BendBroadband offers a surprisingly strong internet service to the towns around Bend, Oregon. Despite the occasional customer service issue, we think it’s one of the most compelling options in the area.
Kinetic by Windstream aims to bring better internet to rural and remote areas. While it offers one of the best values in internet service anywhere, it’s hampered by a mediocre customer experience.
BendBroadband looks like a local brand, but it's actually owned by TDS, which services over 1,000 communities across the country(1). Still, it offers a surprisingly strong value proposition. BendBroadband's plans are competitively priced, there are no contracts required, and the installation and equipment fees are reasonable. Taken together, it feels like you get your money’s worth, which is ultimately the most important thing when assessing value.
Our one knock here is that there’s no true budget plan available for those who don’t need 300+ Mbps internet. For single-person households, 100 Mbps is often plenty fast, so this could be a drawback if you live alone—or with a couple of people who don't stream a lot or work from home.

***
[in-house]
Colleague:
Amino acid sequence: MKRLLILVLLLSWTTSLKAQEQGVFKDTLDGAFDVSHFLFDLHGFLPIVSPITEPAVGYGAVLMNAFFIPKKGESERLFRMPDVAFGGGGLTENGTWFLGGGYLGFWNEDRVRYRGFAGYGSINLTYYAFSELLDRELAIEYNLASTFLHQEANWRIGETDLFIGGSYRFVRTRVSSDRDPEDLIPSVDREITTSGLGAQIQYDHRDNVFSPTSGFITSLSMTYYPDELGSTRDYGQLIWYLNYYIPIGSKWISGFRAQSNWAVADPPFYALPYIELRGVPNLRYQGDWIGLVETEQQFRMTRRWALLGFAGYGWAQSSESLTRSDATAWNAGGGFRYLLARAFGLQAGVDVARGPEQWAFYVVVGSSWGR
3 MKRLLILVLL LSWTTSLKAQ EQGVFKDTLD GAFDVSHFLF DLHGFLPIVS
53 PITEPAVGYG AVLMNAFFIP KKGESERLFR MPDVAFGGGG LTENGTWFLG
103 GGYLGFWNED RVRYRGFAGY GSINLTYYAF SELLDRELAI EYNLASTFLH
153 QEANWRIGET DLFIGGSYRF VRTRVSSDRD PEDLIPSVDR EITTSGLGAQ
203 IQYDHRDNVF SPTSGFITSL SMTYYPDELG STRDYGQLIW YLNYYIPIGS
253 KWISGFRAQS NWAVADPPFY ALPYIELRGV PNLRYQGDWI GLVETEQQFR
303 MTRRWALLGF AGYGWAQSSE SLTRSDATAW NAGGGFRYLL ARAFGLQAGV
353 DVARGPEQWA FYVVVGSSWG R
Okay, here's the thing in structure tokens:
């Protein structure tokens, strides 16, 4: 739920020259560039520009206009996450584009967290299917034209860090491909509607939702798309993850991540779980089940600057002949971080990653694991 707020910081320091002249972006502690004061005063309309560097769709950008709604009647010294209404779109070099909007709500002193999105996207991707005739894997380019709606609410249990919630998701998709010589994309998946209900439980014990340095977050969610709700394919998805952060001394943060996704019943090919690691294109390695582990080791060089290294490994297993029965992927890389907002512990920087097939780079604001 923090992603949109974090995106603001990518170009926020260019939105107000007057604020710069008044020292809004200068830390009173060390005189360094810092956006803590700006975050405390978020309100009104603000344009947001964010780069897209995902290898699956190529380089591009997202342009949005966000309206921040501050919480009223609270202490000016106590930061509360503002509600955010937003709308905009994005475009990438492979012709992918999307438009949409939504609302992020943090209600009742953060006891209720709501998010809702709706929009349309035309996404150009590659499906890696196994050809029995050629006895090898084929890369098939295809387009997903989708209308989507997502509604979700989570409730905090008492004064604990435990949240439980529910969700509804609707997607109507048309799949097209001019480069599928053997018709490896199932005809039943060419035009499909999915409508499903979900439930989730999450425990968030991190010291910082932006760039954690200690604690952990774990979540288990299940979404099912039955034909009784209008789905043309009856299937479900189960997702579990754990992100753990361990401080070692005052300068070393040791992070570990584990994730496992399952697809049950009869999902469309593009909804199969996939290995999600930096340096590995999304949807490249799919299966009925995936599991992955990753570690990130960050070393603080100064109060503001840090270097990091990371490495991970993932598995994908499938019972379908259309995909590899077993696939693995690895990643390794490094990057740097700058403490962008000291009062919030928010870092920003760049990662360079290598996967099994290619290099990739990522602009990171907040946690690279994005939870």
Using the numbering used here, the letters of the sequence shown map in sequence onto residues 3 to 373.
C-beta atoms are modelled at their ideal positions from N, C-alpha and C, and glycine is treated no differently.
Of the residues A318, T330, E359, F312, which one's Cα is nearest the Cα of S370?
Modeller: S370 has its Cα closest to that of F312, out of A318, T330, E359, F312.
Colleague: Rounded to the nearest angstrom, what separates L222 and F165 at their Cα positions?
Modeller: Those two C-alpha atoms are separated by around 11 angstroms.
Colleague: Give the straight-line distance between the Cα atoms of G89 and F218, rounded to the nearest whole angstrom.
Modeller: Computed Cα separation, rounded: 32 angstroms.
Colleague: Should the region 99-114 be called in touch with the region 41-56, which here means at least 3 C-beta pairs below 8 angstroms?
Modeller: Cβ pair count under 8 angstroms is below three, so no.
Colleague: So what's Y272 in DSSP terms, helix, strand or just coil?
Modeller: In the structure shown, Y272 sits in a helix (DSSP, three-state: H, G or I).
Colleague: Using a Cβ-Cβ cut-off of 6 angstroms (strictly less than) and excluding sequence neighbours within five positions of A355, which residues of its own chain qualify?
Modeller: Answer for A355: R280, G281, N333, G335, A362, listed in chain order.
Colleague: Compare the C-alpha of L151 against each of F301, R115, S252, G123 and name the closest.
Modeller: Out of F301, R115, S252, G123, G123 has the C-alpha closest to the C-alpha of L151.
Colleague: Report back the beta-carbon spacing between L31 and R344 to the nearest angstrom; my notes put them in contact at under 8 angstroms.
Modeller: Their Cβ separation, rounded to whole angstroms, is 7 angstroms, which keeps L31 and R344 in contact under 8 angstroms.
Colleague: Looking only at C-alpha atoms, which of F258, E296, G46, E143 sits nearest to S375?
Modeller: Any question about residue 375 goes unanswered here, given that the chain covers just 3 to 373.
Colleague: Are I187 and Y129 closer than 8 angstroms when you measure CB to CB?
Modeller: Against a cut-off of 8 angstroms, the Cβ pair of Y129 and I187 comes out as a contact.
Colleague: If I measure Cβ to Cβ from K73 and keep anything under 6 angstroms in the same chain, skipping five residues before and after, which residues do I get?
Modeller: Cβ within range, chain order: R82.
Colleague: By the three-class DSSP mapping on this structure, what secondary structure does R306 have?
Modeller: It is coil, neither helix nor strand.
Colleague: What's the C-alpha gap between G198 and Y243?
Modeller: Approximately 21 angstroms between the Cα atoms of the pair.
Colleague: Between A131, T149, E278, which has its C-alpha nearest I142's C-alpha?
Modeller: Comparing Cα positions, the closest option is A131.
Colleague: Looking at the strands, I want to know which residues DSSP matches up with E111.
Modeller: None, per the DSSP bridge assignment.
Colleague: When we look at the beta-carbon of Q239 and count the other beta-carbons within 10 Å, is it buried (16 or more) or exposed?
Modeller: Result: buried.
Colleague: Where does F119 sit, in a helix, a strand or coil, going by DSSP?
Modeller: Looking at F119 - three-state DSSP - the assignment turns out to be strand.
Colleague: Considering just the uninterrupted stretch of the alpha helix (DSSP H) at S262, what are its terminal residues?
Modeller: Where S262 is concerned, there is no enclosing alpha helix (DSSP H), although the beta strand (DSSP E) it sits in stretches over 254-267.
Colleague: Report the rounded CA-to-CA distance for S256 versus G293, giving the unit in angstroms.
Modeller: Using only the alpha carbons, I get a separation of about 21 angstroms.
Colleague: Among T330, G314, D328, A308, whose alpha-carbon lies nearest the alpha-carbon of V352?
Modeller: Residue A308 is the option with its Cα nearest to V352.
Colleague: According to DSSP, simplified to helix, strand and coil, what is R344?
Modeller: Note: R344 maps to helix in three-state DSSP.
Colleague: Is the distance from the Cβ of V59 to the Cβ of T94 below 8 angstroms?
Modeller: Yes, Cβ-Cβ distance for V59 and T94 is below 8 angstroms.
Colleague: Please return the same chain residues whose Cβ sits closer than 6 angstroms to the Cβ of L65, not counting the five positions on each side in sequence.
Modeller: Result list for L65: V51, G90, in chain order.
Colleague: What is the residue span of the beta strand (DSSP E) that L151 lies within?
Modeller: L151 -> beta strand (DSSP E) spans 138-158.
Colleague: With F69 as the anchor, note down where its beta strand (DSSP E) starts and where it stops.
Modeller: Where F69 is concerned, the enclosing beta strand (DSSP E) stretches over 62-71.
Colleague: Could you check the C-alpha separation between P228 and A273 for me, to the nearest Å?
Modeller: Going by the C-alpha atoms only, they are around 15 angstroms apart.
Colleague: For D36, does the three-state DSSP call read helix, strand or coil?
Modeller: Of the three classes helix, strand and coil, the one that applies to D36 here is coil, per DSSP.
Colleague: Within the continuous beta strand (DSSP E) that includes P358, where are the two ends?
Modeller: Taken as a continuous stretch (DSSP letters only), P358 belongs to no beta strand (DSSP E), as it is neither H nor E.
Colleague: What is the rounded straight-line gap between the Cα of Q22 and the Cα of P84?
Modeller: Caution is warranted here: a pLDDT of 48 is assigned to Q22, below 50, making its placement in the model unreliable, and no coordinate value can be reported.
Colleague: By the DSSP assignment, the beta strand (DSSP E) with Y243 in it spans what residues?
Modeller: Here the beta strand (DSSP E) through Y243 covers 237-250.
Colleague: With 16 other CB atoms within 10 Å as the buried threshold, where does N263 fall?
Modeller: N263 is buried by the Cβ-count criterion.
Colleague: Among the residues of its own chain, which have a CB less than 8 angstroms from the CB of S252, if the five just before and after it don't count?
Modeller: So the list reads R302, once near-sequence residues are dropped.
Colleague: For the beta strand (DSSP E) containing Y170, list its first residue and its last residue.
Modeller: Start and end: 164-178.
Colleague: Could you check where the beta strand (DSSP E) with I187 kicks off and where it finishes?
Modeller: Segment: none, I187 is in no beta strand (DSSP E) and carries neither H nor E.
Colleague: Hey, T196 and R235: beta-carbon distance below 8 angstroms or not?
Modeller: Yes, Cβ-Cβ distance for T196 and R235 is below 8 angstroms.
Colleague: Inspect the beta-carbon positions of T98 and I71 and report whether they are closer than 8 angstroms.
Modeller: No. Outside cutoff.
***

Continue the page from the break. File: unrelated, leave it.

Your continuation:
Windstream’s Kinetic internet service offers a surprisingly strong value. Prices are competitive—in fact, the 1 gig plan ties Google Fiber as the most affordable option we’ve seen for gigabit download speed. They both cost just over 50% of the national benchmark for similar plans (1).
The advertised prices are for a 12-month introductory period and will increase in the range of about $15 after the first year. This practice of second-year price hikes used to be the norm, but the best fiber internet providers we review have abandoned the practice.
Overall, Windstream represents one of the best values in home internet if you can get fiber. It's also a good deal if you can get only DSL, but your speeds will be much slower.